Don’t feel bad.
Newspapers can’t figure digital out, either.
The New York Times is eating itself alive to find the digital future with another 30-something Sulzberger waiting in the wings to replace his father as publisher. The new Sulzberger is stronger on digital than reporting.
They’re firing the expensive and experienced reporters and editors (oh, I should say buying out) and stocking on people who can create visual stories.
Jeff Bezos is pouring lots of money that he surely has into making The Washington Post the digital exception. So far, mixed results.
I saw this Bloomberg piece on “Facebook, Snapchat Deals Produce Meager Results for News Outlets” and I was not surprised.
Radio is busy giving away its free radio on the Internet and through mobile apps because, after all, it’s free, right?
But the more radio stations drive audiences away from the actual radio station, the more they need a revenue model to replace the eventual lost income from lost listenership.
The same dilemma newspapers face trying to replace print advertisers and paid subscribers.
Radio actually translates well into the digital space. It just doesn’t monetize well.
If I told you you could make one-third the revenue you are now making with on-air advertising within 3 to 4 years from separate digital content, you wouldn’t turn it down, would you?
So I’m hoping you’re at a point where you’d like to join our discussion at my upcoming learning conference about digital that actually makes money.
- Short-form video – low cost (just need an iPhone 7) and lots of ways to monetize. Teens make more money than most radio stations on digital revenue by doing product placement. Let me show you how.
- How to pick the right video topics to stream and market and then how to multiple them by six or seven projects over 12 month.
- No real cost even in talent with this innovative deal that you’ll want to put into contract form.
- Credit for listening -- Why streaming your on-air station without metrics that an agency and buyer will accept and pay for is madness.
- What about a stream that is for members only – no commercials, just a fair subscription fee. As you know I love paid subscriptions and people will pay for that which they value.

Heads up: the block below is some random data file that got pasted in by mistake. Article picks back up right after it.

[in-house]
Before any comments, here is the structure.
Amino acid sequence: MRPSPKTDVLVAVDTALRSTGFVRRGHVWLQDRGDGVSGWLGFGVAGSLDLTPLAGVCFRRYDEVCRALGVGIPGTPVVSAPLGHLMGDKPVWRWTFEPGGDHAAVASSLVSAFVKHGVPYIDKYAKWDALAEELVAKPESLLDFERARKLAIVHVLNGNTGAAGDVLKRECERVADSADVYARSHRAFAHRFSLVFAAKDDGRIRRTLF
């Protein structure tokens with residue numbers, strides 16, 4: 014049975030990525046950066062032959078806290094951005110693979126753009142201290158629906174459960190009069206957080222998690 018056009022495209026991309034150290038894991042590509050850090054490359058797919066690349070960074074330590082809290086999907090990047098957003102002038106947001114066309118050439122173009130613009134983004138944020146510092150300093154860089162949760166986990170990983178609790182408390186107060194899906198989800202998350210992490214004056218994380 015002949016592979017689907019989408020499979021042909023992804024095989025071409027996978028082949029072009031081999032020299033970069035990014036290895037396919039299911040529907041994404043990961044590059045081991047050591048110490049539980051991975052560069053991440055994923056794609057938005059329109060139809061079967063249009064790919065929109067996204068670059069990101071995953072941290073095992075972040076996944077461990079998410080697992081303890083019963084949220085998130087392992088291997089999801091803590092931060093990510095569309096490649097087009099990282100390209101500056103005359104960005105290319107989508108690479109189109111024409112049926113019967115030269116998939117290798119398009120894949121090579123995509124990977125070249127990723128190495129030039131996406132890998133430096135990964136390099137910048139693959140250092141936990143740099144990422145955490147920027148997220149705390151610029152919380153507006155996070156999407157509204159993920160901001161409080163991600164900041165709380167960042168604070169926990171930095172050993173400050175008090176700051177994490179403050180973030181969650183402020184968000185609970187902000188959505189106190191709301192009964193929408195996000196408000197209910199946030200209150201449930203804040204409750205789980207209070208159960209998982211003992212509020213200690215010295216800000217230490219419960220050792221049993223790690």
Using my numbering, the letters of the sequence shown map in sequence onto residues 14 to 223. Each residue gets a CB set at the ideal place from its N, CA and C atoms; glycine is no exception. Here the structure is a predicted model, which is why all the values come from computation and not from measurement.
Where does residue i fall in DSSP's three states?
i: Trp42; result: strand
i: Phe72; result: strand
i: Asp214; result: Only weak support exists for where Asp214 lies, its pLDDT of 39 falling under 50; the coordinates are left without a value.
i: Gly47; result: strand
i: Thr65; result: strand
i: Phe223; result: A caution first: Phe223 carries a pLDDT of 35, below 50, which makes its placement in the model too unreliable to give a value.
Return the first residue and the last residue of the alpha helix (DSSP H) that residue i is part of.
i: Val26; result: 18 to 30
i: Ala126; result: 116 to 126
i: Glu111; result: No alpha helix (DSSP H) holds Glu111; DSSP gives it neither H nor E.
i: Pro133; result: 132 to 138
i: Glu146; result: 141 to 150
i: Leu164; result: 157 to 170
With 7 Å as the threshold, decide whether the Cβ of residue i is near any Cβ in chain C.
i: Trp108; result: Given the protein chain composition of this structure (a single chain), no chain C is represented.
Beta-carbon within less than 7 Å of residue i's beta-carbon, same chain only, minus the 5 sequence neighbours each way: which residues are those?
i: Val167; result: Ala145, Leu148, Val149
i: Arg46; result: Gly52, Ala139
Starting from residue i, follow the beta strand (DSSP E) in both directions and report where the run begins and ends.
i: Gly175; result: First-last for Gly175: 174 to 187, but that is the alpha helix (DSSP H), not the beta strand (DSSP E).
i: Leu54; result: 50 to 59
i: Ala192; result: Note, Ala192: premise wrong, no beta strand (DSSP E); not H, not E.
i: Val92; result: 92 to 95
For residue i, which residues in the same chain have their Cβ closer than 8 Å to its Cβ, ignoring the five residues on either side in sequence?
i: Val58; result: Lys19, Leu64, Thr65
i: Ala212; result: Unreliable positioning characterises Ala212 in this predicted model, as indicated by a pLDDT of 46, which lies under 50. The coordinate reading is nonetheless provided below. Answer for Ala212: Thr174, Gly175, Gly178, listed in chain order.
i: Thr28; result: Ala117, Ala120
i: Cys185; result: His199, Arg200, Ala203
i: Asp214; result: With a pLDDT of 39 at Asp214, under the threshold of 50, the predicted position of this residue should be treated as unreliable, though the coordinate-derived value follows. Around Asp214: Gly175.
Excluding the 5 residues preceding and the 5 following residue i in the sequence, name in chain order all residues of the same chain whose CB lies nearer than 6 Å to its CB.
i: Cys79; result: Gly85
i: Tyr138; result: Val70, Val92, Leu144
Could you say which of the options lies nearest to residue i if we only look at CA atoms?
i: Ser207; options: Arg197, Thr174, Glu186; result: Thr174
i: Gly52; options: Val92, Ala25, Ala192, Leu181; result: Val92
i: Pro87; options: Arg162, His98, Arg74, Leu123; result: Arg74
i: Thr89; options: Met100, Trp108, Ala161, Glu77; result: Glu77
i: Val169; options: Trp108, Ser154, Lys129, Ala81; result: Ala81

- Let’s discuss a music discovery station that has no commercials, is curated, which starts with an hour a day of new content and is available by subscription only. Let’s talk how to price it.
- Spoken word opportunities -- And if you’re into news or sports, a local service – with elements that are not available elsewhere is also subscription bait.
Like apps with content that disappears in 24 hours – disappearing content is the rage now on Instagram and Snapchat.
Great for social scenes, Friday and Saturday night, clubs, bars, restaurants, music venues with information and discounts not available elsewhere.
The first radio execs to understand that the reason the industry has not generated meaningful money in digital is because for radio it has been product extension.
Let’s talk about creating new and separate digital products at The 2017 Radio Solutions Conference
Here’s the full curriculum:
- Reducing High Advertiser Churn
- Strategies for Ending Rampant Rate Cutting
- Attracting Millennial Listeners
- Rebuilding Eroding Radio Audiences
- The Morning Show of the Future
- Eliminating the 3 Biggest Listener Objections to Radio
- Listen Longer Strategies
- Solutions to Commercial Clutter
- Digital That Makes Money
- Underground AM Stations
- Podcasting, Yes or No?
- 65 Unnoticed iHeart Firings That Foretell the Future
- The SiriusXM Model Coming to iHeart
- iHeart To Use Technology for Next Round of Firings
- iHeart Set to Disrupt Market Managers
- iHeart Firings Expanded
- iHeart Prepping for 1 Live Body Per Market
- iHeart Day 2: Programming Takes a Big Hit
- Over 1,000 iHeart Firings Starting Today
- Major Staff Cuts Set at Cox
- Fishy Departure of Cumulus CFO